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Prison
Report

The economics of private prisons

Megan Mumford, Diane Whitmore Schanzenbach, and Ryan Nunn

In the two decades following 1980, the United States incarceration rate more than tripled. State officials carrying out stricter criminal justice measures faced increasingly crowded facilities and some turned to private companies to build or run their prisons. Recently, private prisons have become the focus of considerable attention as scandals resulted in major prison closings (e.g., Walnut Grove in Mississippi) and the Bureau of Prisons decided in September to phase out federal use of private prisons. This economic analysis explores the growth of private prisons and provides an economic framework for evaluating them.

The correctional system aims to protect the public by deterring crime and removing and rehabilitating those who commit it. Traditionally, the government has funded and operated correctional facilities, but some states and the federal government have chosen to contract with private companies, potentially saving money or increasing quality. There are several avenues through which private companies could in principle save costs relative to the public sector, including through operational innovations. Whether they do so in practice is a difficult question to test directly, however. Private prisons are unique in that, by contract, the types of prisoners that they are willing to accept are limited. This leads to challenges when trying to determine their effectiveness: prisons that do not accept unhealthy inmates or those serving sentences for violent offenses should not be directly compared to those that do because of the differences in costs required to serve different prison populations.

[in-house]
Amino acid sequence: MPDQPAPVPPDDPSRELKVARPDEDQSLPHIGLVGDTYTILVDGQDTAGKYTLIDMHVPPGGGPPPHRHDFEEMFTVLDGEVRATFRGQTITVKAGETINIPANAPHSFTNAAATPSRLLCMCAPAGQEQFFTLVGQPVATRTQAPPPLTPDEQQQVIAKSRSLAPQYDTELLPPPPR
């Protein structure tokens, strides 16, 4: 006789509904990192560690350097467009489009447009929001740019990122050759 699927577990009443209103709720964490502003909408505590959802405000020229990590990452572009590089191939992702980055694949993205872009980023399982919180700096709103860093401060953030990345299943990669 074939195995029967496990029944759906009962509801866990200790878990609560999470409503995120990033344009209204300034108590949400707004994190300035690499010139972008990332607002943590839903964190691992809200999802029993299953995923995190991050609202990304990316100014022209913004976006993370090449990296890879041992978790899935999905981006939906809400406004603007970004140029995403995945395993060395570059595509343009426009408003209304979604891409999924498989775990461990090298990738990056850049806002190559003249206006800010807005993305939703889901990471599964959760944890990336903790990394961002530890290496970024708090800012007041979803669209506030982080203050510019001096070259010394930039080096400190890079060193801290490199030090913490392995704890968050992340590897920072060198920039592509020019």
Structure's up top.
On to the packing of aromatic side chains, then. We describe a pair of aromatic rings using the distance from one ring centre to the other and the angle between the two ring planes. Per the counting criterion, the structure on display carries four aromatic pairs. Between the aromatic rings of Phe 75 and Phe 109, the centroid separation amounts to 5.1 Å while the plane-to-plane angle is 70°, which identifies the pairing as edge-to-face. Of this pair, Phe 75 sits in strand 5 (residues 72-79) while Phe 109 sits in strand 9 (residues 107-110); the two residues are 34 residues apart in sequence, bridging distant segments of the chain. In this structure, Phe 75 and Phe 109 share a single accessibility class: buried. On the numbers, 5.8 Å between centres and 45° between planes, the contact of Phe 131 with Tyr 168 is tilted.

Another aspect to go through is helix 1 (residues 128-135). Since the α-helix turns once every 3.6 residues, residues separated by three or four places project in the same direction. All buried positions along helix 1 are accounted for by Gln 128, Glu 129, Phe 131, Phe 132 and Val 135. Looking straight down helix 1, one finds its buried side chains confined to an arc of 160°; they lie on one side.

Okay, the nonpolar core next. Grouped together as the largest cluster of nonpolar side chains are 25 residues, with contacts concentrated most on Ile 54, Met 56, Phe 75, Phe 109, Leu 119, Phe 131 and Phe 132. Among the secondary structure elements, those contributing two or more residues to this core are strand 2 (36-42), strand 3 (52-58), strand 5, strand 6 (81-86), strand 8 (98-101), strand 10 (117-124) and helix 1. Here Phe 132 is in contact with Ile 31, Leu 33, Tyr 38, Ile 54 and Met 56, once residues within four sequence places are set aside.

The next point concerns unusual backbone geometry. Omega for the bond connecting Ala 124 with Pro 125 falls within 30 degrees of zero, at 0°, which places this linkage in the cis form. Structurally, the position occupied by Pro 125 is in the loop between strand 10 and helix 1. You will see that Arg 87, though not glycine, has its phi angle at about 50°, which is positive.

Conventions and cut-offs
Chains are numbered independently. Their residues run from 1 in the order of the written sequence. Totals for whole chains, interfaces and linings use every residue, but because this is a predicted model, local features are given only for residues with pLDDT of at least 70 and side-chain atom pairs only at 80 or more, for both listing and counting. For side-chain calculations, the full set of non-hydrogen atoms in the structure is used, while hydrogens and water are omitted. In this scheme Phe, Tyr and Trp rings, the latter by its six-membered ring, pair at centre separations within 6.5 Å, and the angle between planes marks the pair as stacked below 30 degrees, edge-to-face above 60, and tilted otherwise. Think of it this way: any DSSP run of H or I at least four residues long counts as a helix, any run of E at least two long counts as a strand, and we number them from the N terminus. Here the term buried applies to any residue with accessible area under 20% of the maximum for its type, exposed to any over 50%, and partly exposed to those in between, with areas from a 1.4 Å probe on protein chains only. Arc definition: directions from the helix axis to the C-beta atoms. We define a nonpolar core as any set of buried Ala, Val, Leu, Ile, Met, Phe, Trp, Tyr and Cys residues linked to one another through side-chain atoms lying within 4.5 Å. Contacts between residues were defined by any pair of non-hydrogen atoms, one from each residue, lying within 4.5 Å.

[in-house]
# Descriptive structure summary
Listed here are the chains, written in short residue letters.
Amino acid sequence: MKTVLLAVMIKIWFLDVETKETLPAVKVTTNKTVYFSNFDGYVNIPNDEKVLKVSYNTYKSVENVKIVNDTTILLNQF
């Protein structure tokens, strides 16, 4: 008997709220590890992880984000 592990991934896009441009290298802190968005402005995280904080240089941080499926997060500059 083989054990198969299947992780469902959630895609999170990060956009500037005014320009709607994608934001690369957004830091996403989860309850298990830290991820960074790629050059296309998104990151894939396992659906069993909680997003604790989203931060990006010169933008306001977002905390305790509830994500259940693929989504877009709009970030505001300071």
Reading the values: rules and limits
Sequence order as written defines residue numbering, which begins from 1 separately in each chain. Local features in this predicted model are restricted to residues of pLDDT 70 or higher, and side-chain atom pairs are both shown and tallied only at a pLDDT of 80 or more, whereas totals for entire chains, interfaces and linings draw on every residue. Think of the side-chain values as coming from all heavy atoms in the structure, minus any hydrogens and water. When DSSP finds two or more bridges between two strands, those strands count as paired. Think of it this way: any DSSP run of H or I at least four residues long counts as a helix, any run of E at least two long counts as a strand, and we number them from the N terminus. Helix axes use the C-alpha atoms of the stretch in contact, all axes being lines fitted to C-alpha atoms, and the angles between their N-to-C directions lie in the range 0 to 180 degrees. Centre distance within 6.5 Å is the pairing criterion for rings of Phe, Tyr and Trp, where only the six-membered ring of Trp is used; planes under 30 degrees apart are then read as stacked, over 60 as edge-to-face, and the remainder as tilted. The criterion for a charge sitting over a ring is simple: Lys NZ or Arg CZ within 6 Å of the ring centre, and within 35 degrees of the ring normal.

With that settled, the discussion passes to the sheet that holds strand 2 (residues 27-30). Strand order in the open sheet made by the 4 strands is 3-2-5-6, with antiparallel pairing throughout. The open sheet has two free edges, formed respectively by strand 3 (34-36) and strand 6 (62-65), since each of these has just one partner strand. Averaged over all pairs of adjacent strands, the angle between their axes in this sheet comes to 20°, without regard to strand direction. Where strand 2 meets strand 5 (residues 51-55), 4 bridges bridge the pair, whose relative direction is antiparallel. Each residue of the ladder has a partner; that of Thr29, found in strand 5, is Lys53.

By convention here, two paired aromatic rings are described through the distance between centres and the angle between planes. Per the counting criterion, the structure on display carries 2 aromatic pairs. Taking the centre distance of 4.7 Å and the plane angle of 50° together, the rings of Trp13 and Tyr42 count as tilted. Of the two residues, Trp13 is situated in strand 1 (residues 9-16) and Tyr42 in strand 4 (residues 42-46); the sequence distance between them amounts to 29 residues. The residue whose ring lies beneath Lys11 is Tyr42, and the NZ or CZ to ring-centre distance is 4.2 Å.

In addition, there may be differences in the effectiveness of public and private systems in promoting rehabilitation and minimizing recidivism. These differences may arise due to the incentives provided in private prison contracts, which pay on the basis of the number of beds utilized and typically contain no incentives to produce desirable outcomes such as low recidivism rates. The 2016 Nobel prize-winner in Economics, Oliver Hart, and coauthors explained that prison contracts tend to induce the wrong incentives by focusing on specific tasks such as accreditation requirements and hours of staff training rather than outcomes, and noted the failure of most contracts to address excessive use of force and quality of personnel in particular.

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